Sun Microsystems, Inc. (JAVA) reported results for the first quarter of fiscal 2010 in an SEC filing. Lower operating expenses and higher gross margin helped the company lower its first quarter GAAP loss to $120 million, or 16 cents per share from a loss of $1.68 billion or $2.24 per share reported in the year-ago period and beating the Zacks Consensus estimate of a loss of 23 cents per share. 

Earnings on a non-GAAP basis (excluding one-time items) rose to 2 cents per share in the quarter from a net loss of 8 cents per share in the year-ago period. Gross margin improved to 43.4% from 40.2% a year ago. Operating expenses were down 62.3% year over year, as a result of which operating margin improved to -4.5% from -55.2% in the year-ago quarter. 

However, total revenue fell 25% to $2.24 billion, with both Products and Service revenues declining 32.7% and 13.9%, respectively from the year-ago period. Revenue was lower than the Zacks Consensus estimate of $2.34 billion. Sales on a year-over-year basis were down 19.1% in North America, down 29.2% in Europe , down 32.8% in emerging markets and down 23.3% in the Asia-Pacific. 

Revenue from servers fell 31.4% and from storage products almost 35.9% compared to the year-ago period. Revenue from new products dropped 33%, while unit sales of servers were down 41%. 

Revenue from Support Services decreased primarily due to customers seeking higher discounts, delays in service contract renewals and strong competitive pressures. Professional Services revenue decreased primarily due to decreased sales in the Systems business.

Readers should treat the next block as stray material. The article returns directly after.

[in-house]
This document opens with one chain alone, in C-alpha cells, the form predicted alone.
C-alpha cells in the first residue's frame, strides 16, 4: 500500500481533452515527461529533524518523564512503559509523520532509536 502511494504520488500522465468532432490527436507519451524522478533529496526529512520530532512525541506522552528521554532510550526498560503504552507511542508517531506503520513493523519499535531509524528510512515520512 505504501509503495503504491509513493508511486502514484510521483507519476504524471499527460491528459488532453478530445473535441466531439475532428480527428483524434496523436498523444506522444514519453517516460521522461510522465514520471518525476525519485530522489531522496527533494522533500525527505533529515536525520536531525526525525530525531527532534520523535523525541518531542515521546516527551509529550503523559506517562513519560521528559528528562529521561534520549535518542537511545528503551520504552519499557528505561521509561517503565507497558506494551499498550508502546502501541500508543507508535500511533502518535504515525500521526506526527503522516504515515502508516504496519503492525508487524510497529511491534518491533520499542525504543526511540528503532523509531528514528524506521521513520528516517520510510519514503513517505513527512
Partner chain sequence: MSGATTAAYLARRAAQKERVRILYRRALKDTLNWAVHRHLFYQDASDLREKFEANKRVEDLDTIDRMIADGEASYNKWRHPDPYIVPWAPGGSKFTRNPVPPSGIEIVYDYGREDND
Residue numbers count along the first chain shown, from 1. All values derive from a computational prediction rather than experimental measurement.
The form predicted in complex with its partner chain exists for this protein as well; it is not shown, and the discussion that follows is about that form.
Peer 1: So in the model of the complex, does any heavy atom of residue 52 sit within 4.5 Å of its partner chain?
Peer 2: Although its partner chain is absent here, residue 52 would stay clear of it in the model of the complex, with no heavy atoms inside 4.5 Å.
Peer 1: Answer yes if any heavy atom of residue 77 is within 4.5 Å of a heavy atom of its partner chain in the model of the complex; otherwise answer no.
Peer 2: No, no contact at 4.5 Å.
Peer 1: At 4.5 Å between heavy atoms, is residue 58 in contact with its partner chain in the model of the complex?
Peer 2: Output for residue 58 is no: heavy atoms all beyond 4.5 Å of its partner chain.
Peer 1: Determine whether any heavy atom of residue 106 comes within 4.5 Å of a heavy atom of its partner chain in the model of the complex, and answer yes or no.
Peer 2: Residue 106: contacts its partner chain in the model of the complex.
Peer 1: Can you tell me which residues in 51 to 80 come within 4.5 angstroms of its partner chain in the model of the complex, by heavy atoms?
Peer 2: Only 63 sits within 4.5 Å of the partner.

The company said that revenue fell across all of its product lines negatively impacted by the pending approval from the European Commission and other foreign regulators on its acquisition by Oracle Corp. (ORCL). The delay in approval from the regulatory body is causing Sun Micro to lose about $100 million each month. 

Sun had earlier announced a headcount reduction of 3,000 or 10% over the next 12 months. It has already eliminated 7,600 positions in the past three years. The company, which is under severe financial pressure, is struggling to survive the recession. 

Despite cost-cutting efforts and increased layoffs, we remain concerned about the delay in closing the merger, which could reduce its value for Oracle’s business. Moreover, rivals such as International Business Machines (IBM), Hewlett-Packard (HPQ), Cisco Systems Inc. (CSCO) and Microsoft (MSFT) are taking advantage of the delay by giving discounts to customers. 

Sun’s performance has not been good for quite a number of quarters. The weak economy, slower adoption of new products, consolidation of the customer base, delay or cancellation of projects, increased competition and sluggishness in overall IT spending have taken a toll on the company. 

The company said that customers are exercising caution due to the delay in the acquisition, causing bookings in the quarter to fall 22.7% year over year and 11.4% quarter over quarter. Total backlog declined 5% year over year to $1.84 billion.
Balance Sheet 
Sun’s balance sheet and cash flow deteriorated considerably in the quarter. The company exited the quarter with $2.38 billion in cash and short-term marketable securities, down from $2.86 billion generated in the previous quarter. Long-term debt was $589 million in the quarter, up $8 million from the previous quarter. Operating cash flow declined to $38 million in the quarter from $75 million in the previous quarter.
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